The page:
“Brides of the Blue Nile.” Habeshabrides, https://habeshabrides.com/culture/brides-of-the-blue-nile/. 

Danish Term of Endearment

Text: “When I was really little my mom called me noula, which is noodle in Danish, and I was always so squiggly and squirmy, that I would just fall out of her arms.”

Context: L is 21 and originally from Colorado, but currently a student at USC. She is of British and Dutch heritage. Her grandmother immigrated from Denmark when she was nine years old, and her mother grew up speaking Danish, but no longer does. 

Analysis: L spelled the word above n-o-u-l-a, and pronounced the first syllable like the English word “new.” However, there is no dutch word available online with this spelling. There is the spelling n-u-l-a or nula, meaning zero in English. Yet, this word is pronounced nUH-lah, rather than nOO-la. The danish word available for noodle online is nudel. As well as the less frequently used, tosshoved, which directly translates to noodle, but also “crazy head.” Maybe L’s mother was combining the meaning of “tosshoved” and “nudel” to encapsulate L’s personality as a child. Or perhaps the word “noula” is a slang term for noodle in Danish. Danish terms of endearment are often shorter, and similar to English refer to “my sweet” or “my dear,” they can also be diminutive like “little one.” However there are also more playful terms like puttegøj or puttemus which refers to a small type of mouse. L’s mother’s use of noula was something that stopped as she grew older, however she says she’s always reminded of it when she eats noodles. Danish food is hearty with its cultural dishes containing lots of potatoes and meat. Noodles or pasta aren’t as common, but can be found in a number of recipes like Danish goulash.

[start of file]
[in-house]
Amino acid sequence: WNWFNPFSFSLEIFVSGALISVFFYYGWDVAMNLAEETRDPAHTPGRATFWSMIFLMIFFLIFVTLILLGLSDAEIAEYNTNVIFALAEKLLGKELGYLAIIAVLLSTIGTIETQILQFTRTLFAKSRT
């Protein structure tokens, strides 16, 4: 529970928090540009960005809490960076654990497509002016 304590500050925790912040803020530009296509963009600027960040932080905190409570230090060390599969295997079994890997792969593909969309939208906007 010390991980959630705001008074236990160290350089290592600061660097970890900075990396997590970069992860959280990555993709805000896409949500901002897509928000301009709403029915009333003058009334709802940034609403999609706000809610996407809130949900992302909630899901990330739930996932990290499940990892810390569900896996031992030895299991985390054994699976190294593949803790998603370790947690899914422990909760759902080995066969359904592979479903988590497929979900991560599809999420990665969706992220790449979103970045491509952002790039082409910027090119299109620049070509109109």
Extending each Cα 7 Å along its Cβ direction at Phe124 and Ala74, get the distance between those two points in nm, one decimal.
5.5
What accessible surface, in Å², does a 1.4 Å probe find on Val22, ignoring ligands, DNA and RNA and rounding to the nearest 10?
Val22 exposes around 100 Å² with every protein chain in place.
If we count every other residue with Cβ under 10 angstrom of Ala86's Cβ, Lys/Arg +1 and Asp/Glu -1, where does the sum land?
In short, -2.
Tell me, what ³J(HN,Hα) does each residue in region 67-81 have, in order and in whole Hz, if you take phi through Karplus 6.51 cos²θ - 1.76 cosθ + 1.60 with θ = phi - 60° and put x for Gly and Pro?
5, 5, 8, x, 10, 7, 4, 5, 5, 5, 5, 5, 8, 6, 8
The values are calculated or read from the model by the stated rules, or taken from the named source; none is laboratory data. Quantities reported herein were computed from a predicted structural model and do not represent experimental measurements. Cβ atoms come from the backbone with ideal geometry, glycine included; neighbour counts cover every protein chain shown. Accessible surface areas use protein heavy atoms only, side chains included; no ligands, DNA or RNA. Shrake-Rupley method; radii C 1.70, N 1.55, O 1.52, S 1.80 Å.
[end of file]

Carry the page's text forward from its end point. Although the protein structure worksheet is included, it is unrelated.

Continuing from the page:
Culinta (Cullies) and Ginkles (Ginks)

  • Conext: The following informant, T, is a 56 yr. old married mother of three. She comes from a large Italian family. She explains to me the alternative names she and her entire extended family use for vagina (culinta/cullie) and penis (ginkle/ginks). The informant also sings me a song she created when her daughter was a toddler that incorporates a variant of the word culinta that is now sung throughout her family to female toddlers. The conversation took place in the informants kitchen as we looked at old family photos and remembered other folkspeech used among the family. 
  • Text:

T: “In my family growing up we would call vaginas culintas and penises ginkles and I don’t know where it came from. But it came from my dad’s side of the family, and they we’re Italian, and they would really call it a cullie or a ginks or a ginkle and we would just reference that…

And so when [my daughter] was little I made up this song about putting her pull-ups on in the kitchen and it would go… it goes like this…